Online banks don’t have the costs associated with traditional brick-and-mortar institutions. As such, they tend to pass those savings on to customers in the form of lower fees, higher rates and intuitive digital banking products. But not all online banks are the same, and some offer better products and experiences than others.
Here are some other things to consider when choosing an online bank:
Pesky fees can quickly eat into your overall bank balance. Look for an online bank that keeps fees of all types to a minimum. That includes monthly fees, overdraft fees and ATM fees. It’s even better if the bank reimburses for third-party ATM charges. Analyze your banking behavior to figure out which fees you need to worry about most. You can often avoid fees with the right bank.
If you’re looking to get the most for your money, find a bank that pays a competitive APY on its financial products. Online banks tend to pay higher rates, so do some comparison shopping to get the best rates you can.
Lower minimum deposit and balance requirements generally make it easier to maintain an account. Find an online bank with minimum requirements that meet your financial comfort level.
The online bank you choose depends heavily on the products you need. Some online banks are full-service financial institutions, offering checking, savings, money market accounts, CDs and other products. Others limit their offerings.
If having access to cash is important, look for an online bank that offers an extensive surcharge-free ATM network. Check the bank’s site to make sure there are ATMs close to your location or in the areas where you travel most.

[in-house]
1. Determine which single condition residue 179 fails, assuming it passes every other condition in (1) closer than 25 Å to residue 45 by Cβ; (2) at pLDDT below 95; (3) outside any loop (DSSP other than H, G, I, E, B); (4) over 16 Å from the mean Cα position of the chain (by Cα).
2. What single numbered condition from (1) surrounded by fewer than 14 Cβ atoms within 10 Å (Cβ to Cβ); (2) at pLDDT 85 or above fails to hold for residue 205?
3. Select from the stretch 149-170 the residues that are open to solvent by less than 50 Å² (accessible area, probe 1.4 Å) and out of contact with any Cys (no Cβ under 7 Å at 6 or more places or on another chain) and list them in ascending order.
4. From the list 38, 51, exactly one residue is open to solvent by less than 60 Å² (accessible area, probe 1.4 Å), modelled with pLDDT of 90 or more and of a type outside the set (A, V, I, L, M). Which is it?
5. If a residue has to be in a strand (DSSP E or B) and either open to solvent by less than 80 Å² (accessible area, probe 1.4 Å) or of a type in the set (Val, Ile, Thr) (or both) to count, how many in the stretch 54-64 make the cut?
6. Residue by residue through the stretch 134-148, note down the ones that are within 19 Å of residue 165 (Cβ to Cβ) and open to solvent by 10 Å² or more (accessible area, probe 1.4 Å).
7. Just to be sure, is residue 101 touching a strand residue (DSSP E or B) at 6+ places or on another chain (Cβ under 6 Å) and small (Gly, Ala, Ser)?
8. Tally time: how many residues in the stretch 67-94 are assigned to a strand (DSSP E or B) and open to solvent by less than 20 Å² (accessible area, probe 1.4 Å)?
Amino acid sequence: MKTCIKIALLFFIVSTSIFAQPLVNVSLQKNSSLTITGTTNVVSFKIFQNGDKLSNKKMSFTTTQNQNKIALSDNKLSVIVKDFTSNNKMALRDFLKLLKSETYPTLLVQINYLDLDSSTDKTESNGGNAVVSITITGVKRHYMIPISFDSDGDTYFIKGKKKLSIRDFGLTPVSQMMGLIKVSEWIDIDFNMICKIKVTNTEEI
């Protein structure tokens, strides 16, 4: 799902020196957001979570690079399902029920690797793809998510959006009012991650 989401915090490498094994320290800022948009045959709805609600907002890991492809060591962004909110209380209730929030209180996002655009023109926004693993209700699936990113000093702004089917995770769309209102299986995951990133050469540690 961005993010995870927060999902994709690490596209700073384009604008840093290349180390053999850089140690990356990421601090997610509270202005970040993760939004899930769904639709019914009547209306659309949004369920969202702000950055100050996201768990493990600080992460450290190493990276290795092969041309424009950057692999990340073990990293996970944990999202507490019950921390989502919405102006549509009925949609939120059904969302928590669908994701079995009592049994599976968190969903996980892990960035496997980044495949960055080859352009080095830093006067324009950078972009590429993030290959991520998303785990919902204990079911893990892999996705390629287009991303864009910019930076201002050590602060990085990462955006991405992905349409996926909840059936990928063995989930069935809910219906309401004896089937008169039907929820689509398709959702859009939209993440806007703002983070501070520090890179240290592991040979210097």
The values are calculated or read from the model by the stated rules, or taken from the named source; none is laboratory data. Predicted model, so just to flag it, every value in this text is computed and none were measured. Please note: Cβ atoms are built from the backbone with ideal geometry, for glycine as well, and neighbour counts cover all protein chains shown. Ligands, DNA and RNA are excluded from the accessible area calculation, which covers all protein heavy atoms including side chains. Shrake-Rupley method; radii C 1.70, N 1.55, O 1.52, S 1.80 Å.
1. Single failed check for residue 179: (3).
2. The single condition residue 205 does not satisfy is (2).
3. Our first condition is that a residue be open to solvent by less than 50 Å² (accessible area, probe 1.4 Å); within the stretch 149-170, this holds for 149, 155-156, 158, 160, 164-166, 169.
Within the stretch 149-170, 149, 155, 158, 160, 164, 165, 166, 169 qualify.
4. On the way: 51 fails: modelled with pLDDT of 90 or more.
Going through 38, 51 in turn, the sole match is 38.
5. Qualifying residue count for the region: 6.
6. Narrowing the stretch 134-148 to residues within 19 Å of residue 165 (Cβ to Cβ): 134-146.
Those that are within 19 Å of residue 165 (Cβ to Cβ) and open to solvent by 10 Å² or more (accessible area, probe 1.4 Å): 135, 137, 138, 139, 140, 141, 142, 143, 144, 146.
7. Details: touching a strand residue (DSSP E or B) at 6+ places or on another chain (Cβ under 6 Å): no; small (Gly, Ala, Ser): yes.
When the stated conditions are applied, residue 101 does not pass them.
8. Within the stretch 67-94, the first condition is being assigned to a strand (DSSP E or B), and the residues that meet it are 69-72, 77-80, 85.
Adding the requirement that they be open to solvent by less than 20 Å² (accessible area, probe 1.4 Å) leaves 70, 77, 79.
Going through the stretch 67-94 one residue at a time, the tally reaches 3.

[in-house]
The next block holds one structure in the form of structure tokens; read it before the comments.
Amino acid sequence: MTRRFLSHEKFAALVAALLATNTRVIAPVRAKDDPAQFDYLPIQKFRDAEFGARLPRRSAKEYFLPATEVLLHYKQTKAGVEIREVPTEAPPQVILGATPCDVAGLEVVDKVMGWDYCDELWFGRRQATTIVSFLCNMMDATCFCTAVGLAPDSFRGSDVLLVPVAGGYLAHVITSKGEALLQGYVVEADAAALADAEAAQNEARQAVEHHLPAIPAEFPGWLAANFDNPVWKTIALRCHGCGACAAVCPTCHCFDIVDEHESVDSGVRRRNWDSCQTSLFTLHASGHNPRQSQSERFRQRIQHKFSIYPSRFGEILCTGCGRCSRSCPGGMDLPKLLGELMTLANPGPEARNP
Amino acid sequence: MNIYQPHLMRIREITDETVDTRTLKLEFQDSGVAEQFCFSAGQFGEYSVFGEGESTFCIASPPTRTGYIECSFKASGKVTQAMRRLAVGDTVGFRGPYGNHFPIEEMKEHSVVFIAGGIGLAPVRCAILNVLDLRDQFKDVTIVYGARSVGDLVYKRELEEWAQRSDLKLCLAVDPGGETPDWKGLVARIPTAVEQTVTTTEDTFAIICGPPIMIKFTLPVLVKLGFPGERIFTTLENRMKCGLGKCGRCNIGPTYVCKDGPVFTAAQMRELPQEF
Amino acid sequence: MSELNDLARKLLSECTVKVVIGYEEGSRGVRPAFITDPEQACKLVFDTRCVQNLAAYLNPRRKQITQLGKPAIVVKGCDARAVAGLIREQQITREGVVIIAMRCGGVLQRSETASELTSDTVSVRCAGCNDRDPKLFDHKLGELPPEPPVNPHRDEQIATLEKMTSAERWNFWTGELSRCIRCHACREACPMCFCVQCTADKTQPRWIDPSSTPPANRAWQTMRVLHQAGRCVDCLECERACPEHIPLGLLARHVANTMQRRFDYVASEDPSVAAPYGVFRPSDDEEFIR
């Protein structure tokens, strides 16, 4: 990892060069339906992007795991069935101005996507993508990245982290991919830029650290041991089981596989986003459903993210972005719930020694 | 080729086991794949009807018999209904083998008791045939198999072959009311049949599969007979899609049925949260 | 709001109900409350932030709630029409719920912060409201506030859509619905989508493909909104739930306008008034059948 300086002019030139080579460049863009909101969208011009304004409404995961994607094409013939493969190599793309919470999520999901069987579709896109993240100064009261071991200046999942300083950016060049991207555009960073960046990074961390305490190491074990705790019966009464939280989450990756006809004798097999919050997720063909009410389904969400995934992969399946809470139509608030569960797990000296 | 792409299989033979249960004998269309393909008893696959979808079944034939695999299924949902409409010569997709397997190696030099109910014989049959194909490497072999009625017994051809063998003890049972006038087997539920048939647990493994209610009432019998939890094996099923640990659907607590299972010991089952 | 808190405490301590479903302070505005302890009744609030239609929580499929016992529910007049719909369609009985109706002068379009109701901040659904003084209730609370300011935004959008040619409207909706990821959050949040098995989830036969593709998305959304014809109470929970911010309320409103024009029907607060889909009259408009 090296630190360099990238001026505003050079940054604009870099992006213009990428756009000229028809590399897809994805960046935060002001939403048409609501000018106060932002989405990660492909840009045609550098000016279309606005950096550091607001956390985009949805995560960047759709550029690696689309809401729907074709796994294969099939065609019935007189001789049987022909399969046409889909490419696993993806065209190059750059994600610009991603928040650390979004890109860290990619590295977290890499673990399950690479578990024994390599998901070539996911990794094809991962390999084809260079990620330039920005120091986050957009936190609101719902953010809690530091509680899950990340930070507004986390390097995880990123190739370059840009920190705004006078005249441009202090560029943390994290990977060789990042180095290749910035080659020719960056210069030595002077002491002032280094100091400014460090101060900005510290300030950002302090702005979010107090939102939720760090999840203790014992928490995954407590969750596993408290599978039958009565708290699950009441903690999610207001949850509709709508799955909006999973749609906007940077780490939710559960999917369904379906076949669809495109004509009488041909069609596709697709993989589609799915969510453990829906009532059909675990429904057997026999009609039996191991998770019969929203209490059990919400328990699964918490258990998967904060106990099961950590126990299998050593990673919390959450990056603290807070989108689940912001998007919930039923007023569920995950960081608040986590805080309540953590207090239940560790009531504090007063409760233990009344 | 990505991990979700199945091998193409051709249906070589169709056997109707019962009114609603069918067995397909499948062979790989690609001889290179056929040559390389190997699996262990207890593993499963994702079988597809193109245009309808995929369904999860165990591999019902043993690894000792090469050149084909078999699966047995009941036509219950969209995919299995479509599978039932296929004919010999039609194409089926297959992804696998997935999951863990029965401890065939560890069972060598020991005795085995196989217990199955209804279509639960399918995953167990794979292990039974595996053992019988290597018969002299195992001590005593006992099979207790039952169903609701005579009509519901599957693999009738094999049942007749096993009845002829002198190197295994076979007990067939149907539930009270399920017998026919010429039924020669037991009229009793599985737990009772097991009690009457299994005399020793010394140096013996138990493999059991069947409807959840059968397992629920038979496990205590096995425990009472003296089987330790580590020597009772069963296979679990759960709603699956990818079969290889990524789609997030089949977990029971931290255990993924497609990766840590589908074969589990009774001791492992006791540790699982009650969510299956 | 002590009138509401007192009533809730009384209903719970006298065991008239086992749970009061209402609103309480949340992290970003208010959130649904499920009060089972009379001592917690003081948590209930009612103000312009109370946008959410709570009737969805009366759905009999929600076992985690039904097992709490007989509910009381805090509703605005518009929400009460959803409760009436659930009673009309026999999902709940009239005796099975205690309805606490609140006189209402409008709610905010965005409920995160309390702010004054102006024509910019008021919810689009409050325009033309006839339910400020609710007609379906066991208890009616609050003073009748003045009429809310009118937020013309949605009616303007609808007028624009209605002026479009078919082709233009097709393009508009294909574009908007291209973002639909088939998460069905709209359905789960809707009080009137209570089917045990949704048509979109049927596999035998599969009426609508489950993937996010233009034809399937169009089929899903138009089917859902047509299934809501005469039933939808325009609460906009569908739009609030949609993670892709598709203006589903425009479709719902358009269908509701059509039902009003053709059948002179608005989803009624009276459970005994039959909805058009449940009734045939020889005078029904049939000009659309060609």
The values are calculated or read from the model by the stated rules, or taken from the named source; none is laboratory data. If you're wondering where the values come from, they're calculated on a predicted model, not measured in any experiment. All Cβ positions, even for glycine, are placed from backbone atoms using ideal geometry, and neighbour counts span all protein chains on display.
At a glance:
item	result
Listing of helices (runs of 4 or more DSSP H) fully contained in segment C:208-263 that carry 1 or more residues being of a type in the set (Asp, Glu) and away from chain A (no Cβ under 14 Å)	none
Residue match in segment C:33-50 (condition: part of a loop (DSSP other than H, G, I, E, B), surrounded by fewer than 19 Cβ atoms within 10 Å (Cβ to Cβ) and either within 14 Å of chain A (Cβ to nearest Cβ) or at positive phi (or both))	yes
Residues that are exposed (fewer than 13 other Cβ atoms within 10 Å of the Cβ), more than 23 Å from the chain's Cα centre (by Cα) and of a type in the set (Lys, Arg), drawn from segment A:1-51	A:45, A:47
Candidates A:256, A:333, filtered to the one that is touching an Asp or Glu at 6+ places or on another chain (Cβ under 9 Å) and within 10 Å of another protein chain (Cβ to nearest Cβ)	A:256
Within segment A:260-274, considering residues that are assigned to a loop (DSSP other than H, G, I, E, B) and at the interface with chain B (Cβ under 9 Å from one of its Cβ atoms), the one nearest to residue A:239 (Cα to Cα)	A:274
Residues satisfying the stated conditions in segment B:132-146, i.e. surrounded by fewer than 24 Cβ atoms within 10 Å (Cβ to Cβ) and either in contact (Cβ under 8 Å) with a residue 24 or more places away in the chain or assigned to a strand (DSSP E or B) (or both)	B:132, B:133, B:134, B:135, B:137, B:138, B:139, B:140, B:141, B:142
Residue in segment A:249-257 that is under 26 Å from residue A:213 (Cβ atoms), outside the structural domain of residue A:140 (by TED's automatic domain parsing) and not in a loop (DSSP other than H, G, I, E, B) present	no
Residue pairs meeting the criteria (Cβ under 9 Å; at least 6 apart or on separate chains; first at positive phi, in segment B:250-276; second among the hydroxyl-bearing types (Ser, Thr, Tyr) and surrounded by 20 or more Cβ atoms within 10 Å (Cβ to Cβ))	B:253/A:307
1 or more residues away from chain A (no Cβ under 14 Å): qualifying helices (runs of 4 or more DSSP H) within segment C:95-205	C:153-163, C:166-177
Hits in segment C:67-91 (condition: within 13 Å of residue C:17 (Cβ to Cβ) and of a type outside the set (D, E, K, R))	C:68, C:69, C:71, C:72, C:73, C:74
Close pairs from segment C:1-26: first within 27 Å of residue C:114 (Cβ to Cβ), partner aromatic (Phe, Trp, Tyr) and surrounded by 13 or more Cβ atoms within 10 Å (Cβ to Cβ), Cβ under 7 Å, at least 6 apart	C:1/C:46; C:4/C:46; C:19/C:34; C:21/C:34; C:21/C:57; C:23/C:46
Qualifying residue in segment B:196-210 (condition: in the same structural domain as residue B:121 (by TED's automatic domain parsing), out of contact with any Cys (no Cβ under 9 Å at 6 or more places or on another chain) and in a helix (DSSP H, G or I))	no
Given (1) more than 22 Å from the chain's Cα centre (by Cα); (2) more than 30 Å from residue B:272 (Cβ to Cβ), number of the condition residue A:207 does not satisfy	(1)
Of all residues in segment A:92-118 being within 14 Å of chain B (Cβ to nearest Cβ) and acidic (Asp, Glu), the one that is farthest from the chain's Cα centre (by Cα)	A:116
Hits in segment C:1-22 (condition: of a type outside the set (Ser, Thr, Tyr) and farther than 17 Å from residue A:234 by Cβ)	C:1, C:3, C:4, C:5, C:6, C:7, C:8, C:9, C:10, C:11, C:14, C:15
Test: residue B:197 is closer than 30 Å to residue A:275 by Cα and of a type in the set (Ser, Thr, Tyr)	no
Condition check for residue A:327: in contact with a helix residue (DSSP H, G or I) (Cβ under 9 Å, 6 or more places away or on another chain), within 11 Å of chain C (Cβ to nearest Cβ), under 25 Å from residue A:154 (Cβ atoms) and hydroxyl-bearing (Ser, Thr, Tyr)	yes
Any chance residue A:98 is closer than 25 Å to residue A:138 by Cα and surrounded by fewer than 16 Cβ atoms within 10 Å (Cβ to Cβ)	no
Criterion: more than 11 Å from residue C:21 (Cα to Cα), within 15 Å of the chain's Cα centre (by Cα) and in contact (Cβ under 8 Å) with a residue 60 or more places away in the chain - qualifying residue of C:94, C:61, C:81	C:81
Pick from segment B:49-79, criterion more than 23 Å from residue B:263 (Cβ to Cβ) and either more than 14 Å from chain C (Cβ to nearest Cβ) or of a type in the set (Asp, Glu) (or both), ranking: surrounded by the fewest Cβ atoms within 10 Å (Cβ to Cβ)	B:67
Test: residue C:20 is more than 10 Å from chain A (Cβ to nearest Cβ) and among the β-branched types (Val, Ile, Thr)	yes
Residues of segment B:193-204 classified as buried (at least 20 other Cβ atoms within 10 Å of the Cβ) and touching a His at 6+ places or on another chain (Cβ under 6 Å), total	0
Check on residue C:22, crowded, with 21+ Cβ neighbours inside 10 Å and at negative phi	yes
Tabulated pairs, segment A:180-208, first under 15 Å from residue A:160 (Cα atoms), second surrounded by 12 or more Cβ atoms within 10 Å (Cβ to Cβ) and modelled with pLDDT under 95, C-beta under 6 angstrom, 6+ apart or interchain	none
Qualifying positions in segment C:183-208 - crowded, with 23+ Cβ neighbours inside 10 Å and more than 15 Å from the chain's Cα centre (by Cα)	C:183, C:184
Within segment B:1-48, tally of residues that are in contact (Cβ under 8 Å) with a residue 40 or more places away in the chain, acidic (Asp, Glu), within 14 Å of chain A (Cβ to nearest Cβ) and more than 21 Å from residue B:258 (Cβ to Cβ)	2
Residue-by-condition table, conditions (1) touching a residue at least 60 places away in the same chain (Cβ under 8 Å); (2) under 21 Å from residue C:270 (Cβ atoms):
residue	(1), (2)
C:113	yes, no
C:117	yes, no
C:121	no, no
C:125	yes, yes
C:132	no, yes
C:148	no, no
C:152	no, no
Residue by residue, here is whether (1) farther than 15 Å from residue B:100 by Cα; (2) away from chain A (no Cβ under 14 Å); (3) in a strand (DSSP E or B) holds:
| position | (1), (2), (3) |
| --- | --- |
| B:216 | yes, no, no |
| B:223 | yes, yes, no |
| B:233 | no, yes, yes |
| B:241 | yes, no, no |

Online banks typically don’t offer branch access, and if they do, it’s often limited. That’s why it’s essential to keep customer support in mind when shopping for an online bank. Look for a bank that offers easily accessible customer service representatives or online chat alternatives.
Digital Banking Experience:
Convenience is crucial in the world of digital banking. With an online bank, your primary interactions occur via the bank’s website and mobile app. The best online banks provide a simple online interface and highly rated mobile apps for banking on the go. Check out reviews of the mobile app on the App Store and Google Play.
Look for a bank insured by the Federal Deposit Insurance Corporation (FDIC), which provides up to $250,000 in insurance per depositor, per bank, for each account ownership category, in the event of a bank failure. At credit unions, make sure the account is insured by the National Credit Union Administration (NCUA).